Important mysql quries

Taking backup of all mysql databases

>mysqldump -uroot -p --all-databases >> all_database_dump.sql;

for single database

mysqldump -uroot -p public_wordpressmu wp_1_posts > one.sql

database import from sql file

mysql –verbose -uroot -p public_wordpressmu wp_1_posts < one.sql

Creating Trigger

create trigger
DROP TRIGGER wordpress.after_wp_1_post_update;

delimiter //

CREATE TRIGGER wordpressmu.after_wp_1_post_update

AFTER UPDATE ON wordpressmu.wp_1_posts

FOR EACH ROW

IF new.post_status = ‘publish’ THEN

INSERT INTO .article_posts (id,ref_id, title, status,
comments_on, created_at, updated_at) values (new.id,new.id,
new.post_title, new.post_status, 1, new.post_date, new.post_date);

END IF;

//

delimiter ;

Insert from different table (migration)

INSERT INTO database_anme.TableName(id, ref_id, title, status, comments_on, created_at, updated_at) select id, id, post_title, post_status, 1, post_date,post_date from wordpress.wp_1_posts

Update multiple rows in through Sql query

Update user set status=”ok” where id in (2 ,3 ,4 ,5,6)

changing all post path and image path
UPDATE wp_1_posts SET post_content = REPLACE(post_content, ‘test.purab.com’, ‘www.purab.com’);

WordPress -fetching category through sql queryfrom post

SELECT wp_1_term_taxonomy.taxonomy, wp_1_term_relationships.object_id, wp_1_terms.name, wp_1_posts.post_title
FROM wp_1_posts INNER JOIN ((wp_1_terms INNER JOIN wp_1_term_taxonomy ON wp_1_terms.term_id = wp_1_term_taxonomy.term_id) INNER JOIN wp_1_term_relationships ON wp_1_term_taxonomy.term_taxonomy_id = wp_1_term_relationships.term_taxonomy_id) ON wp_1_posts.ID = wp_1_term_relationships.object_id
WHERE wp_1_term_taxonomy.taxonomy=’category’ and wp_1_term_relationships.object_id=’217′
ORDER BY wp_1_term_relationships.object_id ;

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Finding out largest tables on MySQL Server

Finding largest tables on MySQL instance is no brainier in MySQL 5.0+ thanks to Information Schema but I still wanted to post little query I use for the purpose so I can easily find it later, plus it is quite handy in a way it presents information:

SQL:

  1. mysql> SELECT concat(table_schema,‘.’,table_name),concat(round(table_rows/1000000,2),‘M’) rows,concat(round(data_length/(1024*1024*1024),2),‘G’) DATA,concat(round(index_length/(1024*1024*1024),2),‘G’) idx,concat(round((data_length+index_length)/(1024*1024*1024),2),‘G’) total_size,round(index_length/data_length,2) idxfrac FROM information_schema.TABLES ORDER BY data_length+index_length DESC LIMIT 10;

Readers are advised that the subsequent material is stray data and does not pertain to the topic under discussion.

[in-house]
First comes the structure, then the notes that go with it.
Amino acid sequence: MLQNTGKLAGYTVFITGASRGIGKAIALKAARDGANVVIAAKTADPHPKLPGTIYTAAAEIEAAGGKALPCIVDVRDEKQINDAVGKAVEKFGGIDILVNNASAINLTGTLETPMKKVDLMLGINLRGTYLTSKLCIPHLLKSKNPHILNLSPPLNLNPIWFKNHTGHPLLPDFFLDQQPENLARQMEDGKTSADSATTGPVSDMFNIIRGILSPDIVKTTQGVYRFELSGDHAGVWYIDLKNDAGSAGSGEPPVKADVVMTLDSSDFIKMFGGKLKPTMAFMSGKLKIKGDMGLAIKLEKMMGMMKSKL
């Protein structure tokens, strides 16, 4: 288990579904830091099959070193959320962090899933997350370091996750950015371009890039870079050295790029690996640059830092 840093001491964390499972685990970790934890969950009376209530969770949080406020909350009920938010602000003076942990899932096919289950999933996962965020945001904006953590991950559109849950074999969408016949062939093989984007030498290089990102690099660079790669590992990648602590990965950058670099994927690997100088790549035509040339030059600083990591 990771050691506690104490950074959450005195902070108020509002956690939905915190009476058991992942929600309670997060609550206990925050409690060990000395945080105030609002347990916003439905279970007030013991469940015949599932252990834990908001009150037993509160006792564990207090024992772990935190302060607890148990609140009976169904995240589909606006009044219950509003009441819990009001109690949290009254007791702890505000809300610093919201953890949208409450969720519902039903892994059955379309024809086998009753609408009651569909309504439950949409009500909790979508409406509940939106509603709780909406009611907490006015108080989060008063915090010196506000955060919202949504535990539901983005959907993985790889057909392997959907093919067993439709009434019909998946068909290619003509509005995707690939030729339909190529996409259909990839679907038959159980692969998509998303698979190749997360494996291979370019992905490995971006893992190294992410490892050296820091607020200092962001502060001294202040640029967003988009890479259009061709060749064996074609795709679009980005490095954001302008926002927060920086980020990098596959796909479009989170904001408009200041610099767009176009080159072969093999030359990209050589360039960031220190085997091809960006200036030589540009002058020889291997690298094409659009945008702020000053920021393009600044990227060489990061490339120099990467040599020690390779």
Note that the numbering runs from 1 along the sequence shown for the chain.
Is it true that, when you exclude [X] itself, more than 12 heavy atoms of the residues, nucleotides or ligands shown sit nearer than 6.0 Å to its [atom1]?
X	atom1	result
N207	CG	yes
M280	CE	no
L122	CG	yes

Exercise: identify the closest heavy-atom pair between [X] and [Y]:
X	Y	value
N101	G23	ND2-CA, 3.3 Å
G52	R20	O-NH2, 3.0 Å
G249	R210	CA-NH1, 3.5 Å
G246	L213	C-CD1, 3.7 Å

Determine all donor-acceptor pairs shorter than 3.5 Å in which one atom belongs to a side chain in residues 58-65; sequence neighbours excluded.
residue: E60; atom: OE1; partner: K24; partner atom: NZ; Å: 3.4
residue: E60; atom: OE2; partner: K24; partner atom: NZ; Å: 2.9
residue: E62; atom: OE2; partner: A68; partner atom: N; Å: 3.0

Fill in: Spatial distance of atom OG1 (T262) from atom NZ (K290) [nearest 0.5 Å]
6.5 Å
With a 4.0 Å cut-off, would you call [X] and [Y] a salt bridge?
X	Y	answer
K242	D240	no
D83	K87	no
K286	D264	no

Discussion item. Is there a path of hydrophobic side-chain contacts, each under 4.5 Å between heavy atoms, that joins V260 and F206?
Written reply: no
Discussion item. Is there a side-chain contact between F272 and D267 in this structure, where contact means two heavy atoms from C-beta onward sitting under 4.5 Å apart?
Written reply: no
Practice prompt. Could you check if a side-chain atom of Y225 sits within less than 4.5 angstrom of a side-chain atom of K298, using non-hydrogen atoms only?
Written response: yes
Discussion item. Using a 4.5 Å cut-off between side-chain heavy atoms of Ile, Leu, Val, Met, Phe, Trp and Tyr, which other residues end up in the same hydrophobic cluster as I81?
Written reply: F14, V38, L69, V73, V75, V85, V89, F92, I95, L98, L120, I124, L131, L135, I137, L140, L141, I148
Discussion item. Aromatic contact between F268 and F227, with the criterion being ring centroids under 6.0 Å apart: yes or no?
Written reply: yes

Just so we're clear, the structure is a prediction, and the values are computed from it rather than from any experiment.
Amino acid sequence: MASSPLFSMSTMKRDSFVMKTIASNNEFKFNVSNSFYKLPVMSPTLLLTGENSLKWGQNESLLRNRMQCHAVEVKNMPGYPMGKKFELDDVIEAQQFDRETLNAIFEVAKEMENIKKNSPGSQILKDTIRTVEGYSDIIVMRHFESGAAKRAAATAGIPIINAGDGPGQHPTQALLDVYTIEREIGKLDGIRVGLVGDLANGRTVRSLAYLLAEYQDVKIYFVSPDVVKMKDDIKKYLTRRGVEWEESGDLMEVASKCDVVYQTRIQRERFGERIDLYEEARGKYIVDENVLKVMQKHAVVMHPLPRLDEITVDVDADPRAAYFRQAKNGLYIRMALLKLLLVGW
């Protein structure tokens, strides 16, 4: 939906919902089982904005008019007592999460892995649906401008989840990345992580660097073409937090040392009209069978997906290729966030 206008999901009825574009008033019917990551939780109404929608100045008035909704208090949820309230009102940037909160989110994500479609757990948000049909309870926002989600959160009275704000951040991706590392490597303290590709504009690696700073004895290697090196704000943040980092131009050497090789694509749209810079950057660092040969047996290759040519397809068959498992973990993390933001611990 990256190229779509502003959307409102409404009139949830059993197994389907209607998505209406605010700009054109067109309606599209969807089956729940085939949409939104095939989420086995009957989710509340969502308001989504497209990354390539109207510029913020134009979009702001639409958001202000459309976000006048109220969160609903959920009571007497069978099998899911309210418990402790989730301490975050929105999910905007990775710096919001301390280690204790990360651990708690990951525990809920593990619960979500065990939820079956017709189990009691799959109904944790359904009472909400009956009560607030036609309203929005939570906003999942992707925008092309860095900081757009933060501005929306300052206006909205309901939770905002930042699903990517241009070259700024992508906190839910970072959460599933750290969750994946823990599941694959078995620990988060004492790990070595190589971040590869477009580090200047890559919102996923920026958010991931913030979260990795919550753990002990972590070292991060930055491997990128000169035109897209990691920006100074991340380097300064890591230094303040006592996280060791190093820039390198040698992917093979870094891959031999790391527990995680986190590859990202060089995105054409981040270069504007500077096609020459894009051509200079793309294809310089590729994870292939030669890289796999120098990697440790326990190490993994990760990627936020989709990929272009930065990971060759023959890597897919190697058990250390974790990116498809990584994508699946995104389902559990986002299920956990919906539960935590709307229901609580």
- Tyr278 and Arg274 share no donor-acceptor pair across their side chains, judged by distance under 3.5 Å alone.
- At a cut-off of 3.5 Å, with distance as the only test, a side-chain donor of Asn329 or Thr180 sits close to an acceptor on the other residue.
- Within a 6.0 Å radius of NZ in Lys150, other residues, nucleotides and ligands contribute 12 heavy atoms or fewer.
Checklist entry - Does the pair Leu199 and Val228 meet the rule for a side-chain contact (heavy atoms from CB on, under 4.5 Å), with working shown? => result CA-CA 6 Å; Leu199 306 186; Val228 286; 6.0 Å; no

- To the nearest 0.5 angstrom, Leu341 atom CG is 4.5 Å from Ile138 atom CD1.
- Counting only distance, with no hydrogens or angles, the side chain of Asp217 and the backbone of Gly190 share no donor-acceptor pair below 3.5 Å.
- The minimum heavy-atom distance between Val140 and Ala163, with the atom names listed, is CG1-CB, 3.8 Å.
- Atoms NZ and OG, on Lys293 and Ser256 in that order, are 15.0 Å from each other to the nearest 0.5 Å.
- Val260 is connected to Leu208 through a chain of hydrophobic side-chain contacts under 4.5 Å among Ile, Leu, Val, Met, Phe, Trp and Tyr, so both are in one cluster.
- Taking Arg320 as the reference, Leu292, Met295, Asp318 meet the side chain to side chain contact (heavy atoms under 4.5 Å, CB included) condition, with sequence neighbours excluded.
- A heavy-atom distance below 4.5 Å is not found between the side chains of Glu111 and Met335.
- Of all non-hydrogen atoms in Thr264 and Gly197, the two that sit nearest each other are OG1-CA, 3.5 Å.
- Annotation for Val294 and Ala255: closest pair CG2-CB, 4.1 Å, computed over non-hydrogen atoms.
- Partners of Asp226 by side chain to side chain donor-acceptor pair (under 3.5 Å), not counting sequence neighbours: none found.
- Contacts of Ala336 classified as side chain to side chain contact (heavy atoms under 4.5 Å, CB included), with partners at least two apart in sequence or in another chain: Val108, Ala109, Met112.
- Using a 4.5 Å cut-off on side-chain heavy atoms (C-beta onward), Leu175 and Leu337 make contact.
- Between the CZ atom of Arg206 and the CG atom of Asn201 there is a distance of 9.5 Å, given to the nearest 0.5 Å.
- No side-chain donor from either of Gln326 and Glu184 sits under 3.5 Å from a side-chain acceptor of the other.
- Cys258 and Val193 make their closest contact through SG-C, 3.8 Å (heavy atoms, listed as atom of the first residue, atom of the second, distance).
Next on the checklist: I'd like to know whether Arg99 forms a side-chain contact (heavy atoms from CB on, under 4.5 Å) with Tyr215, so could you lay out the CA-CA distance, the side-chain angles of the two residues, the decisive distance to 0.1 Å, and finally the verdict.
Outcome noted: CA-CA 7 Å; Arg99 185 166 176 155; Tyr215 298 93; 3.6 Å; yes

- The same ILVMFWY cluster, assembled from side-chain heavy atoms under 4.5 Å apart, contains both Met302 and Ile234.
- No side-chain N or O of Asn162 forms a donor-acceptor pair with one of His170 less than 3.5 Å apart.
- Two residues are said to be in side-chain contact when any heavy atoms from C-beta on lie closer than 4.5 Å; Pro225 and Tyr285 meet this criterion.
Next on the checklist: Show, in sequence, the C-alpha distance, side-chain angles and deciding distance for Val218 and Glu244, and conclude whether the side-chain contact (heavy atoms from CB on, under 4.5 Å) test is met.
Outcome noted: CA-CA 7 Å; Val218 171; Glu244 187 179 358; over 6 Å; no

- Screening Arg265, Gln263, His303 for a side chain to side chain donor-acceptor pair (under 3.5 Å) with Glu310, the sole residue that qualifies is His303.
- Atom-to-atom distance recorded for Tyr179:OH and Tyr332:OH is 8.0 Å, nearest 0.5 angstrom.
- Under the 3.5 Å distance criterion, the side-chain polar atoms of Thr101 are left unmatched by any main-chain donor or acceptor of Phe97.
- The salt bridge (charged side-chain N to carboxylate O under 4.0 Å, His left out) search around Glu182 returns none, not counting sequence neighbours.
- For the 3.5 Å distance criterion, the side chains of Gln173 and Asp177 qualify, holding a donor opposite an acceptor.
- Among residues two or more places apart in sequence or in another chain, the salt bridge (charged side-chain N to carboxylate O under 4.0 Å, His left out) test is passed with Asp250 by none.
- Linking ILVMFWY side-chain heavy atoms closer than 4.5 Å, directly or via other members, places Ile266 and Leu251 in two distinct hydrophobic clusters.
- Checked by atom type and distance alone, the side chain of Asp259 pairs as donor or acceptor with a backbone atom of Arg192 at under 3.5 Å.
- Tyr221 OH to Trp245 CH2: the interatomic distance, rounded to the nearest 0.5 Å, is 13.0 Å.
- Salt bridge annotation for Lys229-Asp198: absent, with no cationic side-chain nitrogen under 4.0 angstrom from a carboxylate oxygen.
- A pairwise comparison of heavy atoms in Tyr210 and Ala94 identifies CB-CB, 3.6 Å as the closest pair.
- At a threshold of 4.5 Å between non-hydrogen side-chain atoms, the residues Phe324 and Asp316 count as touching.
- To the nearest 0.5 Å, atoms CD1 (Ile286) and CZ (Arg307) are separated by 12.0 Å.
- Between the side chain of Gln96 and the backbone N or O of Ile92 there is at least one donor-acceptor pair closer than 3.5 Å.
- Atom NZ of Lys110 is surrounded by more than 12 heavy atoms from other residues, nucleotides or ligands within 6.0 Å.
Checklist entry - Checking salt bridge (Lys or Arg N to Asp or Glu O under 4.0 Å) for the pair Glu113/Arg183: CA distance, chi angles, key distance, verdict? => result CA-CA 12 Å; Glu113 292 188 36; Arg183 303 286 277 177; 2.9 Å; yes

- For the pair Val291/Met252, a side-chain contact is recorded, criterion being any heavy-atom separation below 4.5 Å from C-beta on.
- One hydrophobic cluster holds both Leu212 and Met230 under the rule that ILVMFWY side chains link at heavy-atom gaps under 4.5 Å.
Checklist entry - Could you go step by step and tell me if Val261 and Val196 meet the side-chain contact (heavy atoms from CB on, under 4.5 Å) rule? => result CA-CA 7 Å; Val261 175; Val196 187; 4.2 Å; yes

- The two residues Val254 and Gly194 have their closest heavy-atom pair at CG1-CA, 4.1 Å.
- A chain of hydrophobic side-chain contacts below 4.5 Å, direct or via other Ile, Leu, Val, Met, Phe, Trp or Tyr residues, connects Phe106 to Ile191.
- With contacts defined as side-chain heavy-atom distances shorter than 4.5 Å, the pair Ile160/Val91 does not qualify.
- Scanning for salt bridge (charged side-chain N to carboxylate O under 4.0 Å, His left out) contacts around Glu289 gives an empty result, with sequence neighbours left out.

2. +————————————-+——–+——–+——–+————+———+
  3. | concat(table_schema,‘.’,table_name) | rows | DATA | idx | total_size | idxfrac |
  4. +————————————-+——–+——–+——–+————+———+
  5. | art87.link_out87 | 37.25M | 14.83G | 14.17G | 29.00G | 0.96 |
  6. | art87.article87 | 12.67M | 15.83G | 4.79G | 20.62G | 0.30 |
  7. | art116.article116 | 10.49M | 12.52G | 3.65G | 16.18G | 0.29 |
  8. | art84.article84 | 10.10M | 10.11G | 3.59G | 13.70G | 0.35 |
  9. | art104.link_out104 | 23.66M | 6.63G | 6.55G | 13.18G | 0.99 |
  10. | art118.article118 | 7.06M | 10.49G | 2.68G | 13.17G | 0.26 |
  11. | art106.article106 | 9.86M | 10.19G | 2.76G | 12.95G | 0.27 |
  12. | art85.article85 | 6.20M | 9.82G | 2.51G | 12.33G | 0.26 |
  13. | art91.article91 | 8.66M | 9.17G | 2.66G | 11.83G | 0.29 |
  14. | art94.article94 | 5.21M | 10.10G | 1.69G | 11.79G | 0.17 |
  15. +————————————-+——–+——–+——–+————+———+
  16. 10 rows IN SET (2 min 29.19 sec)

I do some converting and rounding to see number of rows in millions and data and index size in GB so I can save on counting zeros.
The last column shows how much does the index take compared to the data which is mainly for informational purposes but for MyISAM can also help you to size your key buffer compared to operating system cache.

I also use it to see which tables may be worth to review in terms of indexes. Large index size compared to data size often indicates there is a lot of indexes (so it is well possible there are some duplicates, redundant or simply unused indexes among them) or may be there is long primary key with Innodb tables. Of course it also could be perfectly fine tables but it is worth to look.

Changing the query a bit to look for different sorting order or extra data – such as average row length you can learn quite a lot about your schema this way.

It is also worth to note queries on information_schema can be rather slow if you have a lot of large tables. On this instance it took 2.5 minutes to run for 450 tables.

UPDATE: To make things easier I’ve added INFORMATION_SCHEMA to the query so it works whatever database you have active. It does not work with MySQL before 5.0 still of course